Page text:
1. The first step is to remove coolant to a level below area to be worked. This is best accomplished by removing the radiator cap and attaching a hose to the bleed valve on the pump body. Have a bucket ready to catch the overflow coolant.
The next step is to disconnect both rubber hoses from the pump. These hoses will have residual coolant so have a bucket standing by to prevent a messy cleanup.
2. To remove the screws that hold the halves together you need a 1/2" ratchet or combination wrench.
3. The aft inboard screw is best removed with the combination wrench.
4. Using a sharp thin blade putty knife split the pump housing. Try not to scar the Aluminum housing and mating surface. Some pumps have gaskets others were assembled using RTV. I found that a dead blow hammer works well in this application.
5. The impeller is now exposed (very sharp edges). Note that the lower housing should be cleaned. Do not damage the mating surface to the impeller. Scotch-Brite works well for this task.
6. This particular pump impeller was exceptionally tight! I find that Oak is the only wood buffer strong enough to hold together when placed against the sharp impeller vanes.
7. Heat was a final resort! I secured the pump shaft with vise grips applied to the upper drive pulley. Whether I hit the impeller with air hammer or dead blow the belts would cushion the blow preventing loosening of the impeller. The combination of heat and a firm blow from a dead blow hammer finally broke the grip of age on the threads.
8. Be aware that there is a small spacer below the actual seal. This needs to be carefully pried down the shaft before attempting to drive the seal out. The shaft usually is rusted below the spacer. It helps to remove the rust prior to removing the spacer. Note that the spacer has a "shiny" side where it rides on the seal. Make sure you re-install correctly as removed.
9. Drive out the seal. Using a brass drift punch tap all around the seal to break it loose. This is a tight area be careful not to damage the surrounding area. A steel hammer works best. Try not to score the sides of the Aluminum pump housing.
10. Remove the seal. The seal casing will be crushed by the driving out. This is normal.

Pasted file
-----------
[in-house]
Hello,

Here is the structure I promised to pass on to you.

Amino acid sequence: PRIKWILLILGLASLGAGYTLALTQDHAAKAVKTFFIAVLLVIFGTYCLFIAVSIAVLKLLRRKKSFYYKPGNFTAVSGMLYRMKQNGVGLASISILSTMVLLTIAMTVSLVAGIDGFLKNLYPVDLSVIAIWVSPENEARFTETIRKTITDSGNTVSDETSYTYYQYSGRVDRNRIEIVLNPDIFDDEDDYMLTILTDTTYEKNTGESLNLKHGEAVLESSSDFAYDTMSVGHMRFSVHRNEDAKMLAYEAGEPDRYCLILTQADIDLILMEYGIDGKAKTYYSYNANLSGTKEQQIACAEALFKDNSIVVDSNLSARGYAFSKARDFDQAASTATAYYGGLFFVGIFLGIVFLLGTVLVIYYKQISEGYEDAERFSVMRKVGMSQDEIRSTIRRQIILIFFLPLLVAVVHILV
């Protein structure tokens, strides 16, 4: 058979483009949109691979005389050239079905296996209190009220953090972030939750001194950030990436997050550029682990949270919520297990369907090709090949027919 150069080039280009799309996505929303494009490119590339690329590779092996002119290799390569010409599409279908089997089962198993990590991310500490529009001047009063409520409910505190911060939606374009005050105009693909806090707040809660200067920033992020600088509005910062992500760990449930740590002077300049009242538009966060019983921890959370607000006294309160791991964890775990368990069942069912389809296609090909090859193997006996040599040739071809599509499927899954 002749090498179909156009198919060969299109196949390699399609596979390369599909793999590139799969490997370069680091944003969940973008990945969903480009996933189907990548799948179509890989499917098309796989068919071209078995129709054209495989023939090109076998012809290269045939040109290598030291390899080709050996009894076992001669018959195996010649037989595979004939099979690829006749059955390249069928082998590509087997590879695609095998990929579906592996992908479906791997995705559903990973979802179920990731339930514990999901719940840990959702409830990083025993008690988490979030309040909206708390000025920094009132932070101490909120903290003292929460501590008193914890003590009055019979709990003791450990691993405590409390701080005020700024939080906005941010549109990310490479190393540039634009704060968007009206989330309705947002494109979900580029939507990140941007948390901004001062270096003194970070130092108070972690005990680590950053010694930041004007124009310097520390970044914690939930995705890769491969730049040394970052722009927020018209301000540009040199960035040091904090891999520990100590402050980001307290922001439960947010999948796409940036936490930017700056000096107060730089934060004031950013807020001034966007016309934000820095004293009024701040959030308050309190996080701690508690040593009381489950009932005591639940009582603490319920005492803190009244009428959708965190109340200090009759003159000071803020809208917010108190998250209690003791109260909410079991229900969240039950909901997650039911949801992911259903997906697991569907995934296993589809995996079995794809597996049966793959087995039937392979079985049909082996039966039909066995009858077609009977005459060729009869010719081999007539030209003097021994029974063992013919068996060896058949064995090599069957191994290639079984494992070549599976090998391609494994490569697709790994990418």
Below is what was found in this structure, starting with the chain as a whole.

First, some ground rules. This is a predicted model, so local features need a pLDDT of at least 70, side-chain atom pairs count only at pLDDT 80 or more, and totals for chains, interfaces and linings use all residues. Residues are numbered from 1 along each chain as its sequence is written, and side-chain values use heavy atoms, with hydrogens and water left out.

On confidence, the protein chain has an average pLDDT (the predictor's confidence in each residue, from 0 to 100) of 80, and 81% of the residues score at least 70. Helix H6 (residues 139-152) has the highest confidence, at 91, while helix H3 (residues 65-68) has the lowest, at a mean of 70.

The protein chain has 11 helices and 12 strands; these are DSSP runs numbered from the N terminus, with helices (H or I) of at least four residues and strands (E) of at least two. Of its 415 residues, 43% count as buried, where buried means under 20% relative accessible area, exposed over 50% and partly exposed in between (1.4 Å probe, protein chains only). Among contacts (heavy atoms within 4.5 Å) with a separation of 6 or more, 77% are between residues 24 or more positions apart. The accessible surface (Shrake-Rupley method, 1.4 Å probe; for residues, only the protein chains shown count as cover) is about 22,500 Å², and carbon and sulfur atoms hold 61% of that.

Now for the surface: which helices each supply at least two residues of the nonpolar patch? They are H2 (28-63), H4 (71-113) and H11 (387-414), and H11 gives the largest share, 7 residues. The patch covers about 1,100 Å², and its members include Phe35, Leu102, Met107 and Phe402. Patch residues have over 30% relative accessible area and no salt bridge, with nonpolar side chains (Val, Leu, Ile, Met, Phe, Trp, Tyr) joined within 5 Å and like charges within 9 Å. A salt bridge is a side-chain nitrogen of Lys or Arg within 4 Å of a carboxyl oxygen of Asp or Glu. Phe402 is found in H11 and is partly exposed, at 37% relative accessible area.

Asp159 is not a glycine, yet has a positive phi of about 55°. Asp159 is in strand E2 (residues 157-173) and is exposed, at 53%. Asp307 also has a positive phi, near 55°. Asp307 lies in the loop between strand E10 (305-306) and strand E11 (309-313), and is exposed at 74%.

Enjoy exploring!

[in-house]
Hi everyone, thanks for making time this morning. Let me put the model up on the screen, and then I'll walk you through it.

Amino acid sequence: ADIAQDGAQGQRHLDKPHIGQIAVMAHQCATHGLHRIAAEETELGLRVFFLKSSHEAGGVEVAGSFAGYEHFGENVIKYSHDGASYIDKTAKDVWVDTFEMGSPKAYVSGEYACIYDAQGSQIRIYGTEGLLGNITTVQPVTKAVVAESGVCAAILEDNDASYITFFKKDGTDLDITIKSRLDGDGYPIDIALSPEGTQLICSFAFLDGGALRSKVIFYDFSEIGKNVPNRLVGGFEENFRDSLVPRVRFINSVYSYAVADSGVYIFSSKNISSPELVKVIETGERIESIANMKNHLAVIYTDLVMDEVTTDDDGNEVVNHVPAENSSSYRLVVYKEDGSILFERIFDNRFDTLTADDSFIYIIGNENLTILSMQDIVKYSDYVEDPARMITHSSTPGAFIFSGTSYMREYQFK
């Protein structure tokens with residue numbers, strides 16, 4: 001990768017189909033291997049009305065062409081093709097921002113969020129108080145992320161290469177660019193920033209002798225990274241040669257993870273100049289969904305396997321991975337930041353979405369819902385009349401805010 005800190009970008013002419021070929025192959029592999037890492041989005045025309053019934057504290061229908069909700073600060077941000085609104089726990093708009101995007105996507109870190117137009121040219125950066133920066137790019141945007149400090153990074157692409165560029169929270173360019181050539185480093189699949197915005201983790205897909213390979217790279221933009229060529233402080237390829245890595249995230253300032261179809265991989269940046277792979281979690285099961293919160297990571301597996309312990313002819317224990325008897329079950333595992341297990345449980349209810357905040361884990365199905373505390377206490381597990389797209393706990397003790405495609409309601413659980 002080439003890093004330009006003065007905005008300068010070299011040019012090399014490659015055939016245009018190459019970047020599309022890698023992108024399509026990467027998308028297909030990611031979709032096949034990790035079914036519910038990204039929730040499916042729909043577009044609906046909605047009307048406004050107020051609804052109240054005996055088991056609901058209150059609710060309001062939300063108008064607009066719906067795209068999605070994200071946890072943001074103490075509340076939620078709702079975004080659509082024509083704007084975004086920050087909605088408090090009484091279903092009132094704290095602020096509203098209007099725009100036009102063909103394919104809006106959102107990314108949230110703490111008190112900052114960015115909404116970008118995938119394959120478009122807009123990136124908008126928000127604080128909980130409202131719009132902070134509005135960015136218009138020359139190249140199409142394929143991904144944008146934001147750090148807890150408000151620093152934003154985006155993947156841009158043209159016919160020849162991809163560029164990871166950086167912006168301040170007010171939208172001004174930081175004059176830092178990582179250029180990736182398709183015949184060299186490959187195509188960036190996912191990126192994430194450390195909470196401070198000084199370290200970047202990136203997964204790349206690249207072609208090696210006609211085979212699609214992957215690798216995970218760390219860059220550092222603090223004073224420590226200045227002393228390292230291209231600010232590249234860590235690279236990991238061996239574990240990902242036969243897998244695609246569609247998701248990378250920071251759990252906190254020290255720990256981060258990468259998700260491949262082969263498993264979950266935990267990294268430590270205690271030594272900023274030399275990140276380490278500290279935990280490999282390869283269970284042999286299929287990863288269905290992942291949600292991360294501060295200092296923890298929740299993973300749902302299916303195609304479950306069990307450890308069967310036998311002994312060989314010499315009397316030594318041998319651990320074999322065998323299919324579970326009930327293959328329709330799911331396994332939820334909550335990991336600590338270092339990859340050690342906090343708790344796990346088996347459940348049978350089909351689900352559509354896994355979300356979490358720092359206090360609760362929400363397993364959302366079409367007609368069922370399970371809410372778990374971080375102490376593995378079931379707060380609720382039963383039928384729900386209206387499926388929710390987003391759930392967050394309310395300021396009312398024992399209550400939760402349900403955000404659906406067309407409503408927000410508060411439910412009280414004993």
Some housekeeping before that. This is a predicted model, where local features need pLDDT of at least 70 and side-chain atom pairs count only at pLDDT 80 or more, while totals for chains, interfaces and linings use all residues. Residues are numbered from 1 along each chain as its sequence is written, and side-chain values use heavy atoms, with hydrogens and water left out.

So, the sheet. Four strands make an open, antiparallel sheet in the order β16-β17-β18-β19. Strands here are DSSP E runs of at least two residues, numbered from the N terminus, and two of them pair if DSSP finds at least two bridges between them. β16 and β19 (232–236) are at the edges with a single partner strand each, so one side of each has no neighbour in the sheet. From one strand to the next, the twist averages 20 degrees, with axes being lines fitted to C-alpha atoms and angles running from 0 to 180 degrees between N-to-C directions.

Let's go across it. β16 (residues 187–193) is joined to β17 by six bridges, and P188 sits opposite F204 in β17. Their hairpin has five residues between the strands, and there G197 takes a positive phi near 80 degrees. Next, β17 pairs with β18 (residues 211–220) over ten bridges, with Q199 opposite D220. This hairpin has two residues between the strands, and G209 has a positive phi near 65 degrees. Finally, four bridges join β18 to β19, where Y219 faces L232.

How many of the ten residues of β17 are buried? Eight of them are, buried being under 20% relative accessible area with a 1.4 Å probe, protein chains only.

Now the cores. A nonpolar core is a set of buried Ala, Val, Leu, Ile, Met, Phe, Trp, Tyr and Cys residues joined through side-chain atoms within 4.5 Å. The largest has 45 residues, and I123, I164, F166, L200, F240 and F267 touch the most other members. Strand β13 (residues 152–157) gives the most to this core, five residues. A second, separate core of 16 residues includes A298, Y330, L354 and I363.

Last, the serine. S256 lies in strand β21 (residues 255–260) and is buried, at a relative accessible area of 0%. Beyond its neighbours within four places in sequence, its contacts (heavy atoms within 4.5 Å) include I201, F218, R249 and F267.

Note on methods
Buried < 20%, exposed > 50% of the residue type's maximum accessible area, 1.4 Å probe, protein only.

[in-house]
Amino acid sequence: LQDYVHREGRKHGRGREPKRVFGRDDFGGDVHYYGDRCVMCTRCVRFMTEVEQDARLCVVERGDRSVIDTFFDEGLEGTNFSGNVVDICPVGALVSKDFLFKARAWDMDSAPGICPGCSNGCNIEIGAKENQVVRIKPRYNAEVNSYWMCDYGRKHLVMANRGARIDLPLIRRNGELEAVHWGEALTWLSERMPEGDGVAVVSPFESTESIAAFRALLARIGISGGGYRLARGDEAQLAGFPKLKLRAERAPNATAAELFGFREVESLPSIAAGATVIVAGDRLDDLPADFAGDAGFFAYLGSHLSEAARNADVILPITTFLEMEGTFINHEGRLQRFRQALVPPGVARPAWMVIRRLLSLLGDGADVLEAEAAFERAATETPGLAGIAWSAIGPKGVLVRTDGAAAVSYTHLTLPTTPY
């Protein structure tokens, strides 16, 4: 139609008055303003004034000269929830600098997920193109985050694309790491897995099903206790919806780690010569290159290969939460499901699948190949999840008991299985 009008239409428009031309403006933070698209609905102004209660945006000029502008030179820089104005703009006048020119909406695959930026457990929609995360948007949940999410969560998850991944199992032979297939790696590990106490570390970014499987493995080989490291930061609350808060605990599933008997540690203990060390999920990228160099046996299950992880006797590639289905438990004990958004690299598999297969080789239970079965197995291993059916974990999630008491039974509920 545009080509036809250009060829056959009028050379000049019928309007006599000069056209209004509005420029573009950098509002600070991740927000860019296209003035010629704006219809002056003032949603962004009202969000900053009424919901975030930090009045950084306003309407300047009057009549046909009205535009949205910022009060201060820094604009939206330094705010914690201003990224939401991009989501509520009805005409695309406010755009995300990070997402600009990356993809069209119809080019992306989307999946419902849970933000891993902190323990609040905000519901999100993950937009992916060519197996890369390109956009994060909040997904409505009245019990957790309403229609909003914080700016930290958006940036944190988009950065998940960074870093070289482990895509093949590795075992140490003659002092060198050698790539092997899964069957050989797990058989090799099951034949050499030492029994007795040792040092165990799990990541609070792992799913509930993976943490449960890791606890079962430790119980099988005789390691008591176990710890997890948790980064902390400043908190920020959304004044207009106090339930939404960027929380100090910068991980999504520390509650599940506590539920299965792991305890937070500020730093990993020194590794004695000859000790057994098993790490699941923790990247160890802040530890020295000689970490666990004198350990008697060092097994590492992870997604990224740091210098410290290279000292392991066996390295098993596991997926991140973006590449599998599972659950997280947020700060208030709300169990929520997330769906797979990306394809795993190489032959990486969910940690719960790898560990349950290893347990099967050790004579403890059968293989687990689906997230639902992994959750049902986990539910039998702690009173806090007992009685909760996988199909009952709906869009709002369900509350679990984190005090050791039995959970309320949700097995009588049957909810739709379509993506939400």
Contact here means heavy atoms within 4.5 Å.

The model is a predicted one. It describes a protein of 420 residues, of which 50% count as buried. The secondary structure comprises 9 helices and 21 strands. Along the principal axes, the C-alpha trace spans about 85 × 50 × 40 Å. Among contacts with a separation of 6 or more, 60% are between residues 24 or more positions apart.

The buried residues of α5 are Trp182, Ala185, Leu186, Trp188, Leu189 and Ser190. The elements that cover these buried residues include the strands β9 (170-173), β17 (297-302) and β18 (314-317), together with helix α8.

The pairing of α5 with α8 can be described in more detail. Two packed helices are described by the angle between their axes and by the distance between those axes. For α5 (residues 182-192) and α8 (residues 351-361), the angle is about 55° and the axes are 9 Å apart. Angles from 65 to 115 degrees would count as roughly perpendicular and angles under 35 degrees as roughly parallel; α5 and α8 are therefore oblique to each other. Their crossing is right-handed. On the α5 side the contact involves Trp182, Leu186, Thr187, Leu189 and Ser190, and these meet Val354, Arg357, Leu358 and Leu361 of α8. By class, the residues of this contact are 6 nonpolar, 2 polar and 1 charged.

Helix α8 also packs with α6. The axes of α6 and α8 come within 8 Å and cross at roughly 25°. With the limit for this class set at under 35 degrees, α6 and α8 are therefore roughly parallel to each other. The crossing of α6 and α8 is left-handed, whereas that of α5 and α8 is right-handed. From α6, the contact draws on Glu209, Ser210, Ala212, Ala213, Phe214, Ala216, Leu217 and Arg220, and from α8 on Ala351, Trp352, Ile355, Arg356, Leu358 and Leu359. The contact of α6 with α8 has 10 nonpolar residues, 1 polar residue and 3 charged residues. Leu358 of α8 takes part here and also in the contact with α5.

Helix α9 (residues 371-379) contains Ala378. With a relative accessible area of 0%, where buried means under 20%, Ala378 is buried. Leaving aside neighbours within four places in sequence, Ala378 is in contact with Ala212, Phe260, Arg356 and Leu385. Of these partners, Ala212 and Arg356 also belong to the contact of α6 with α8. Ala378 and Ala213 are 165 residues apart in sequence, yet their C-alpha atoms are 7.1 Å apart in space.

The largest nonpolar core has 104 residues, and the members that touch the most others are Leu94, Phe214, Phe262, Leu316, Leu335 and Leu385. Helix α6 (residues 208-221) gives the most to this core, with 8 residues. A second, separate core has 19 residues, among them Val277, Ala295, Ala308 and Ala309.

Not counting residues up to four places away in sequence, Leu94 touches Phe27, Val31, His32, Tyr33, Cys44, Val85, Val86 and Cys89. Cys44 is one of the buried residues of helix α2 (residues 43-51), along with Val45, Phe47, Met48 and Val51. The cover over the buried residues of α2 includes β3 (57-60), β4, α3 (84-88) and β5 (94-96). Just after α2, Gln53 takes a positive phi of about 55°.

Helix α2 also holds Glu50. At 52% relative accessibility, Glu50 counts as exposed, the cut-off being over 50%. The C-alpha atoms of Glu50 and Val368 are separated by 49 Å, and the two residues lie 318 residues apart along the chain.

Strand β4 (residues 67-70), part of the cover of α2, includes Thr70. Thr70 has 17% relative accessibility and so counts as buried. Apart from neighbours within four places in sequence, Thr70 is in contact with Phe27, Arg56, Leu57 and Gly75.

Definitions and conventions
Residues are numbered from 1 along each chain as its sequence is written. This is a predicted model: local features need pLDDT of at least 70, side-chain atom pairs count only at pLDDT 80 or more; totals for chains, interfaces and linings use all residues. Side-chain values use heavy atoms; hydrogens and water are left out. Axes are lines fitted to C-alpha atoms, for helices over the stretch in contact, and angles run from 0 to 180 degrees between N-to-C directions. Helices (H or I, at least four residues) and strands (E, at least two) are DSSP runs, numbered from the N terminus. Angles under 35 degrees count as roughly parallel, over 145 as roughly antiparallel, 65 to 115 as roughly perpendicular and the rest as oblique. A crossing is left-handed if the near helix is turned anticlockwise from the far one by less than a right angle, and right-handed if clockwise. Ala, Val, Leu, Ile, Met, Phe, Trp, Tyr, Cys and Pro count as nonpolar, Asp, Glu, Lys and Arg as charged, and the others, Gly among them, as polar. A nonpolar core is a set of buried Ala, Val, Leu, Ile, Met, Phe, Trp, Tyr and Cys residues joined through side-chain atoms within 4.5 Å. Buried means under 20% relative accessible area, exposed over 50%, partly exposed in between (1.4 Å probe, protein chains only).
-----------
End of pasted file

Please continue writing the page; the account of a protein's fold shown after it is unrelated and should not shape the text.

11. The shaft gets really rusted! On older ships it may be necessary to replace the shaft. If the pitting is deep enough the seal will not seat with the shaft and leak. Only RWI has the shaft so this would be bad news (expensive). Clean the shaft with steel wool. Do not abrade up and down. Use circular movement around the shaft only. Wipe clean with Acetone.
12. Using the tool, identified later in this instruction, carefully drive the new seal into its seat in upper pump housing. Lubricate both shaft and seal with common dishwasher detergent (Dawn). This tip was offered by US Seal the manufacturer of our seals. Careful not to contaminate the seat area of the seal. A light coat of sealant around the edge of pump cavity is advised.
13. Install the cleaned spacer, correct side up, on to the shaft. Align the impeller with the threads careful not to cross thread and spin on loosely. Verify spacer seated correctly and is flat against lower seal.
14.. Using the Oak and a dead blow against the impeller edge tighten the impeller clockwise looking up. Don't get carried away with hitting this item causing damage to the vanes.
15. Remove all previous seals and sealant from both mating surfaces of the pump housing. Use hand tools only, do not use power tools which may deform the surfaces. If using sealant (RTV Grey) wipe down with Acetone and apply a small amount of sealant to the lower half. You don't want to have the excess extrude into the impeller area of the pump during tightening.
16. Using a tongue depressor or finger spread the sealant to insure coverage of the entire mating surface with minimal excess. More is not better in this application! A little in each hole is okay.
17. I cleaned every screw to remove previously applied sealants. Each screw should be lightly coated with sealant prior to inserting into the pump housing. Again you don't want excessive sealant that could extrude into the pump cavity. Very important! Start all screws before tightening any.
18. Tighten screws equally before final torqueing. I like to accomplish this process using the 1/2" combination wrench. I believe it gives me a better "feel" for tightness. Wipe off extruded sealant from pump seam. Hopefully, there won't be much! Too much may indicate that you over sealed the mating surfaces. Approximately the same amount would be in the pump chamber. Not good!
19. Re-connect the hoses. I advise not to rush the curing of the RTV sealant. Do not fill with coolant nor run the engine the same day you re-assemble the pump.
20. The next day fill the system with the proper 50/50 mix of coolant. It helps to open the petcock on the pump until coolant flows out. Run up the engine IAW the procedure in the builder's instructions and bleed system to purge all air. Verify that the seal is not leaking. If dry, congratulations! If weeping you should be as well, damn!
These are common tools required for this task. The wood buffer is Oak. The heat gun is only if you encounter a very tight impeller. The hook looking device is used for removing coolant hoses. Cheap and available at Harbor Freight. Wrenches required are 1/2" both ratchet and combination. Acetone is used for various cleaning tasks. The steel wool is used to clean the pump shaft. RTV Grey is used to fabricate the seal between pump halves. A gasket is also used on some pumps, your choice.
The only tool I fabricated for this job is a short length of Aluminum tubing. The ID is @ 1.375 with a OD of 1.625. The 1/8" wall thickness affords a good match for the flange on the seal assembly.
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